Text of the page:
RELIGION
11/21/2016 06:09 pm ET Updated Nov 21, 2016

Mosque Is ‘Vandalized’ With Messages Of Love From Local Community

“We are with you!"
Tariq Amjed

Chalk it up to spreading hope.

Messages of love, compassion and support scrawled on the sidewalk of a mosque in Virginia is making folks on Twitter cry happy tears.

On Sunday, members of the Mubarak Mosque in Chantilly, Virginia were delighted to read, “You are loved,” “We are your brothers and sisters” and “We are with you” written in sidewalk chalk on the paths leading up to the building.

Tariq Amjed

The messages were initially found by Tariq Amjed, president of the Central Virginia Chapter of the Ahmadiyya Muslim Community, as he was coming in for prayer on Sunday.

Tariq Amjed

We believe it was someone in our neighboring community,” Amjed told The Huffington Post. “We have been here for about four or five years now and we have a beautiful community of people around us. This proves it once more, and we hope they come visit our mosque.”

Tariq Amjed

Images of the artwork were posted to the local Muslim youth group’s Twitter account the same day they were discovered.

The images soon went viral after Qasim Rashid, a member of the mosque, tweeted them out, adding a cheeky message:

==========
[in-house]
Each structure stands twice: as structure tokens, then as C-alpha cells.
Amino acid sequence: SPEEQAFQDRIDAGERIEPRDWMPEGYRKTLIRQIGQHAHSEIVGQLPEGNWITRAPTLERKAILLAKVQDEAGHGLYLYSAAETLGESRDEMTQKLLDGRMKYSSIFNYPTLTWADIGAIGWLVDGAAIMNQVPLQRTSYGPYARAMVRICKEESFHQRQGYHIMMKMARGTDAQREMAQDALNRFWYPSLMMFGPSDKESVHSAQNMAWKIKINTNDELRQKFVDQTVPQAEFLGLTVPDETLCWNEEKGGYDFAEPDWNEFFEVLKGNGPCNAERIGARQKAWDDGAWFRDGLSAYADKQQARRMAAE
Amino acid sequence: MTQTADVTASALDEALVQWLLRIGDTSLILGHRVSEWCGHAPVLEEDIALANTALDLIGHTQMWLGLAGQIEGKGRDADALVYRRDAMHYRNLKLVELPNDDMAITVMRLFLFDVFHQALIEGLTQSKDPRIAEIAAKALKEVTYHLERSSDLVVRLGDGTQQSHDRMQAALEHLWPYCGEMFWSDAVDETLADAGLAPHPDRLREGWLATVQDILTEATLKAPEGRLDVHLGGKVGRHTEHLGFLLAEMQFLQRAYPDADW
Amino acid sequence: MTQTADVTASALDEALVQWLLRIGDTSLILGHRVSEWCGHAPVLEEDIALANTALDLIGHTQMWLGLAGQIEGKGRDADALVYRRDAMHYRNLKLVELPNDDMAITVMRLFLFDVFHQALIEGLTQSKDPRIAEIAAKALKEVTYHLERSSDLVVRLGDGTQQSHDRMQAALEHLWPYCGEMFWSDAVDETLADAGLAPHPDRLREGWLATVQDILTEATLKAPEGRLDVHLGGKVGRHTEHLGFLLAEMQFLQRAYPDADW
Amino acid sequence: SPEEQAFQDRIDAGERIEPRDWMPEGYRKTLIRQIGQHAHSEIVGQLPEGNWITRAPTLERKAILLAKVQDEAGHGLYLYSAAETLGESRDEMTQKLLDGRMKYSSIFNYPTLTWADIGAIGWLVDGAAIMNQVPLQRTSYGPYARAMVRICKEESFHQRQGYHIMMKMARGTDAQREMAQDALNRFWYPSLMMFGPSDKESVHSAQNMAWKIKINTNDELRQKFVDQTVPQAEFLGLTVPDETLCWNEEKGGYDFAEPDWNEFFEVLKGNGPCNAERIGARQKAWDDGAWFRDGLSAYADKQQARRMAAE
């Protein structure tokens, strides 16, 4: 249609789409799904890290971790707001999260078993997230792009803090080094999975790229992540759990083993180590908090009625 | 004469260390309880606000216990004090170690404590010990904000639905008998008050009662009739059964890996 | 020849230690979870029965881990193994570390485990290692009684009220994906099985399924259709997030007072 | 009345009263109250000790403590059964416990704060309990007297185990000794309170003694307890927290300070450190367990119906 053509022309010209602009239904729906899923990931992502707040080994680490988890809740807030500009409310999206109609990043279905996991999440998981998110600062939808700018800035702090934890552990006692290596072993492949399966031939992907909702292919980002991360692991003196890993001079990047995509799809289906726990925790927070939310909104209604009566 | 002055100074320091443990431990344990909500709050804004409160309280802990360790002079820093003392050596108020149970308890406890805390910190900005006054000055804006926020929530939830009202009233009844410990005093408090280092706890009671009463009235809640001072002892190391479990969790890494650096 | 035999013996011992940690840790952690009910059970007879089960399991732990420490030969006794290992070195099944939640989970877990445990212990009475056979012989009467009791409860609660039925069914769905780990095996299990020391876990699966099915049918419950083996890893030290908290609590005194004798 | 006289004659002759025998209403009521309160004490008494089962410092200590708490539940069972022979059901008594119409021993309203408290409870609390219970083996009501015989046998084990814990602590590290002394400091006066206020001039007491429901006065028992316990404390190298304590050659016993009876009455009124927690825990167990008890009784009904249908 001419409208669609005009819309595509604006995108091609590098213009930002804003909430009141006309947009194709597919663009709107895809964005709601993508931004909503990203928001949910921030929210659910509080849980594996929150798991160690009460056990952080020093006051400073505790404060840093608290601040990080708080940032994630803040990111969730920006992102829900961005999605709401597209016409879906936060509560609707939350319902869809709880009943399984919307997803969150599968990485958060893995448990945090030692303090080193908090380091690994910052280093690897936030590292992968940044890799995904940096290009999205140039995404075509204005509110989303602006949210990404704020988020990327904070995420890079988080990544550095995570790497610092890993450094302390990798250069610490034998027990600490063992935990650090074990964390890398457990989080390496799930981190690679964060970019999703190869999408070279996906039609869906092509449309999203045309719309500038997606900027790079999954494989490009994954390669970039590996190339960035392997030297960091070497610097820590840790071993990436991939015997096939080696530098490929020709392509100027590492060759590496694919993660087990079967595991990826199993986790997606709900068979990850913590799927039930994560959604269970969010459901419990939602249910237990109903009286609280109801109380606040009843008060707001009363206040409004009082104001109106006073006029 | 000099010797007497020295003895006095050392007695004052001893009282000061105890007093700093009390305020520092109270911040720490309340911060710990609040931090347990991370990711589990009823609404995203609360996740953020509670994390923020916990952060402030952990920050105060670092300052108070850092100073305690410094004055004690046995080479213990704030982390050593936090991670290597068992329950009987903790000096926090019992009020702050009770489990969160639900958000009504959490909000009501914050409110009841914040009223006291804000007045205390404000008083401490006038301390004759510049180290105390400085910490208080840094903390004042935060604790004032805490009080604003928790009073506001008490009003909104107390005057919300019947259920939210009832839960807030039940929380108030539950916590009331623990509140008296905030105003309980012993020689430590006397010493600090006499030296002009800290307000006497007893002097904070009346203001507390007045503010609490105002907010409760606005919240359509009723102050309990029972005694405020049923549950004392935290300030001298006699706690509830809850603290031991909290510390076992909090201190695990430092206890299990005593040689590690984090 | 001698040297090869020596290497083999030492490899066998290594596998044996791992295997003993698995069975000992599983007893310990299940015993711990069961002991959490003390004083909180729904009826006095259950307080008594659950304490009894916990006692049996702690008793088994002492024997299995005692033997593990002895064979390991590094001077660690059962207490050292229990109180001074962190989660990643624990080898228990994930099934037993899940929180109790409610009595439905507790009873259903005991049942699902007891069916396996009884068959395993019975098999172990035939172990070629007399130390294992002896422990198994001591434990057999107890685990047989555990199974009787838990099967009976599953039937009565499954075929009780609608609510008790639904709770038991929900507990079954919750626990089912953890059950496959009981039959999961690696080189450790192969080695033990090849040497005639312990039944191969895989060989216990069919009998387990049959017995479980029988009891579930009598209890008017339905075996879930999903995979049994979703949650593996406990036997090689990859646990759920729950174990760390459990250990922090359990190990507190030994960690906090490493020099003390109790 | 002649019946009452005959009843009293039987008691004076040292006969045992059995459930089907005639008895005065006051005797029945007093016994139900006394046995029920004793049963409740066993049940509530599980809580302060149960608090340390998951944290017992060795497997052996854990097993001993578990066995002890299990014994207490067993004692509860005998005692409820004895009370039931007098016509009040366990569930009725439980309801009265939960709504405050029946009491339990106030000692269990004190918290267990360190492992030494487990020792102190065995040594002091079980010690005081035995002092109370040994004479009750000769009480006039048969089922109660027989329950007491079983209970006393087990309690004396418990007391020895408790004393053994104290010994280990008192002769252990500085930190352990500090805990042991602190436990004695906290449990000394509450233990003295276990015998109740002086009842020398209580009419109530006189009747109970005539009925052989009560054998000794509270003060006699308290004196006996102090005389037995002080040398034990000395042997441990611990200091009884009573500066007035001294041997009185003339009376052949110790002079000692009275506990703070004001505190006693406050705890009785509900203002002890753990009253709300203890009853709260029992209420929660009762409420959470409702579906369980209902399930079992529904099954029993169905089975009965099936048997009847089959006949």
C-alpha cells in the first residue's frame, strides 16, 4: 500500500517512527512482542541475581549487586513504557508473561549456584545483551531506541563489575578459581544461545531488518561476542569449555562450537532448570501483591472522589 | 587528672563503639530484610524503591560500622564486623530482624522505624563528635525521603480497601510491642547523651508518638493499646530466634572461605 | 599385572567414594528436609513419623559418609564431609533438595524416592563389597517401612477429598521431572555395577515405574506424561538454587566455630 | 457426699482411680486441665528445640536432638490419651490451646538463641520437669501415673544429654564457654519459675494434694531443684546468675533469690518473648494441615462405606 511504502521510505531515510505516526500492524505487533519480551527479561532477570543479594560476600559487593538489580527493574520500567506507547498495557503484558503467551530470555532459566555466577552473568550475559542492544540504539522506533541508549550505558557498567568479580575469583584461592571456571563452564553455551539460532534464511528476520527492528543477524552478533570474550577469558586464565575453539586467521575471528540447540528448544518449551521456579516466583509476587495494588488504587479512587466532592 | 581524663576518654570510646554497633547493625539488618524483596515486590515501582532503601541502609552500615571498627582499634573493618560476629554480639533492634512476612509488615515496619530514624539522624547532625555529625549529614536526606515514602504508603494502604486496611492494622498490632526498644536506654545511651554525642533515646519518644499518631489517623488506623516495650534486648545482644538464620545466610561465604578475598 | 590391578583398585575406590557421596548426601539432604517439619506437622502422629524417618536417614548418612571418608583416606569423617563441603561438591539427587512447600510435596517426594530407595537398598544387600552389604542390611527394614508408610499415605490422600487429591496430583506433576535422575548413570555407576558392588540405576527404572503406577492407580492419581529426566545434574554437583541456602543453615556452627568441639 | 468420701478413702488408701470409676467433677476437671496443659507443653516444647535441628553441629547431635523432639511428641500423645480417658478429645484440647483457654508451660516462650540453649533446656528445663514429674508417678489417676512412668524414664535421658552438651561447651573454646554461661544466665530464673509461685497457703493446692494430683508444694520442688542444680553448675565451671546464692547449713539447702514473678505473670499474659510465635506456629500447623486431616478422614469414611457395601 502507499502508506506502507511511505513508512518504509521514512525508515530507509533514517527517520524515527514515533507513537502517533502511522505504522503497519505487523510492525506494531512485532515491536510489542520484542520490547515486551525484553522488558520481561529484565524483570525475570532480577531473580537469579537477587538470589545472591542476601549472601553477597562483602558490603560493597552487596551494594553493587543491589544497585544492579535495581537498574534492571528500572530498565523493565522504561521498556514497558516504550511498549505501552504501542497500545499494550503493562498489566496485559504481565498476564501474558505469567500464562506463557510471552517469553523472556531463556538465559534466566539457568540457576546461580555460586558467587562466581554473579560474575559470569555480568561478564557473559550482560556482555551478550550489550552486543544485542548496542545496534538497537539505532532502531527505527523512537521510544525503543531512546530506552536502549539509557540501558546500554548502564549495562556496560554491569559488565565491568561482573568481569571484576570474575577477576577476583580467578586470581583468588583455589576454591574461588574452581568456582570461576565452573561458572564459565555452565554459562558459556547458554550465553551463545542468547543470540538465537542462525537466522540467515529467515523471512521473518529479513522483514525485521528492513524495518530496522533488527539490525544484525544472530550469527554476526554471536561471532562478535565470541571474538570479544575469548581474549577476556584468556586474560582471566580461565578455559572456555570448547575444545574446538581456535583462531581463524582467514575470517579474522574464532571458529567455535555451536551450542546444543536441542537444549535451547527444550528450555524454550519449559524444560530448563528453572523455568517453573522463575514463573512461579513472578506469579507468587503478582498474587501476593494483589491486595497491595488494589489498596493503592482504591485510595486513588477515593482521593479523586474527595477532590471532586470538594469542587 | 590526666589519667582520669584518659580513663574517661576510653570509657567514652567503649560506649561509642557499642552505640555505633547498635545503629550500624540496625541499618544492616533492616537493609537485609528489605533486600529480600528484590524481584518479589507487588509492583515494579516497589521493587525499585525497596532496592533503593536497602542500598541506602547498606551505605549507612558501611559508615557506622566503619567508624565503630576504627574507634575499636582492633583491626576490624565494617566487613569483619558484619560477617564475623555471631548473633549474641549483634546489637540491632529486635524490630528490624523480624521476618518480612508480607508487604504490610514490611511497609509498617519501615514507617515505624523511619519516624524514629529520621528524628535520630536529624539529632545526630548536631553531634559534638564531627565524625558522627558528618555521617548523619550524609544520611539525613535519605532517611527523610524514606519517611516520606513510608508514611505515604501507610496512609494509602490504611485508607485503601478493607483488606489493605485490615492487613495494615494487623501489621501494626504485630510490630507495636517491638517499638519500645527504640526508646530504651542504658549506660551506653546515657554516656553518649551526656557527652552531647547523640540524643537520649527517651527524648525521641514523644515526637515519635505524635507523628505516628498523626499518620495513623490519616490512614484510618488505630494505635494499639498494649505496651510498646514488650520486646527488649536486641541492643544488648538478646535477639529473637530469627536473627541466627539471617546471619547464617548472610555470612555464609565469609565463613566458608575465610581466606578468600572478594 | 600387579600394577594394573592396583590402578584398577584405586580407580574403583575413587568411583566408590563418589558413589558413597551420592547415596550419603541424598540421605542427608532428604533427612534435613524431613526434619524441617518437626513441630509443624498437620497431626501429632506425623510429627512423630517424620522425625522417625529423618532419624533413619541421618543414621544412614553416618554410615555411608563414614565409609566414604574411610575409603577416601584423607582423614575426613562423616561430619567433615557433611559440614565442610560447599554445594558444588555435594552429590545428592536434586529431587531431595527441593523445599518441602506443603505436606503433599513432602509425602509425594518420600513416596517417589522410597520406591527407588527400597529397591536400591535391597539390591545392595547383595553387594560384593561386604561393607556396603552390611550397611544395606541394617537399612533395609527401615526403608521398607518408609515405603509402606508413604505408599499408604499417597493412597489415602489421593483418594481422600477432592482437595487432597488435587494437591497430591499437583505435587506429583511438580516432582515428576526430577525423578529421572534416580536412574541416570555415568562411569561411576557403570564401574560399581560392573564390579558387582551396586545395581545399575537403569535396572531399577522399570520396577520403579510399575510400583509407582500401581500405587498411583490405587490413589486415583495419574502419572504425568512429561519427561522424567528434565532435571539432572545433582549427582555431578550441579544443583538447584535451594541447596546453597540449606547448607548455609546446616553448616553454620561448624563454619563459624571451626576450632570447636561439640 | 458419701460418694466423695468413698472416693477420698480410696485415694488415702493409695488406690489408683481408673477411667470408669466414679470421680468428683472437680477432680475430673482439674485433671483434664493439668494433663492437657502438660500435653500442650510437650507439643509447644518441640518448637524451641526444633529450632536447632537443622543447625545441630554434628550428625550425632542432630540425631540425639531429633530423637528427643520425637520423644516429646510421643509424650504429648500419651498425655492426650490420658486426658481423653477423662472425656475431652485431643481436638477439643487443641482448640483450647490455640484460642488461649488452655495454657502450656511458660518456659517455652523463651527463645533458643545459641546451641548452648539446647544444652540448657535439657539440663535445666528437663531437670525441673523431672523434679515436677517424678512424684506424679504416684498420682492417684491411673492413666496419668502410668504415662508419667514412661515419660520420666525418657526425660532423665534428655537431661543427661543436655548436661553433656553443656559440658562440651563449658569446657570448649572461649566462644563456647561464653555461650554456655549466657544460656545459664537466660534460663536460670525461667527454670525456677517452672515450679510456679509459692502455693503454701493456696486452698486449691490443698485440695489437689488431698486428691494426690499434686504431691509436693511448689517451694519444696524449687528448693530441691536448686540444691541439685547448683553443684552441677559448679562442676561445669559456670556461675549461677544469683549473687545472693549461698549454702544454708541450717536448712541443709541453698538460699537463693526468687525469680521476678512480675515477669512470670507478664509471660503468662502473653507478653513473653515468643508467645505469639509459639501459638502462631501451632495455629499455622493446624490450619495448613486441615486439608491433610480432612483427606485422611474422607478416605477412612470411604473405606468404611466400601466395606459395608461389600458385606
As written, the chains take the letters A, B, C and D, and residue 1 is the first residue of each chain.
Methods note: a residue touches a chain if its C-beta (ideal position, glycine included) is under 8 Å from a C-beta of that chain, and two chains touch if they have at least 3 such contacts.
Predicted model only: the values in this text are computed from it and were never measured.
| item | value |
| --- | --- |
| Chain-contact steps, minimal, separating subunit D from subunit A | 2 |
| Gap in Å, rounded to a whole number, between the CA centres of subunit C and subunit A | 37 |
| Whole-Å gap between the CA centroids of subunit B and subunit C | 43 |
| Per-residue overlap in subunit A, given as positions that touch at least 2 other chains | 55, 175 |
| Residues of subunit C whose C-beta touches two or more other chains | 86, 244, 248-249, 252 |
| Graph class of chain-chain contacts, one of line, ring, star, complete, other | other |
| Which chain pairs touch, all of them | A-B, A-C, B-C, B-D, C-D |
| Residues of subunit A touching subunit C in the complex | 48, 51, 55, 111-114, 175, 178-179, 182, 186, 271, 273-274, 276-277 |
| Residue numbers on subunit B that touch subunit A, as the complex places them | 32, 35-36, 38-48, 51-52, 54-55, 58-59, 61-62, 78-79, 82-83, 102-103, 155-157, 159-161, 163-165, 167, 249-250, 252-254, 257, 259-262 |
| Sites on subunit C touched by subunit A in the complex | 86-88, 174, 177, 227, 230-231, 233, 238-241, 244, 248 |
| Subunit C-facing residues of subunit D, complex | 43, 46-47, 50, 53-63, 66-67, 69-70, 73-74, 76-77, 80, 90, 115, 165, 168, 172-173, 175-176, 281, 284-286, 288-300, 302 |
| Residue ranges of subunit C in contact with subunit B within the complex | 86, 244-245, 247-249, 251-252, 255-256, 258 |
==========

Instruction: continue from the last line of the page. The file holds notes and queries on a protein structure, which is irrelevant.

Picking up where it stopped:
“Some sneaky hooligans ‘vandalized’ my mosque in VA over the weekend. We came back to find this. <3 #MuslimAlly”

In a time of heightened Islamphobia due to President-elect Donald Trump’s campaign promise to ban all Muslims from entering the United States, this sweet and simple act meant the world to this local community. This is despite that he softened his stance in May, calling the ban “just a suggestion.”

“It made us feel proud of our faith and proud of our nationality as Americans,” Tariq told HuffPost. “These moments of love for humanity go a long way, and we feel blessed to have received such wonderful compassion.”

If you would like to support the Muslim community, Tariq suggests getting involved in the True Islam campaign, which aims to educate people on the difference between Muslims from extremists.

“We believe that by standing together we can overcome the spike in anti-Muslim hatred we’ve seen,” he told HuffPost.

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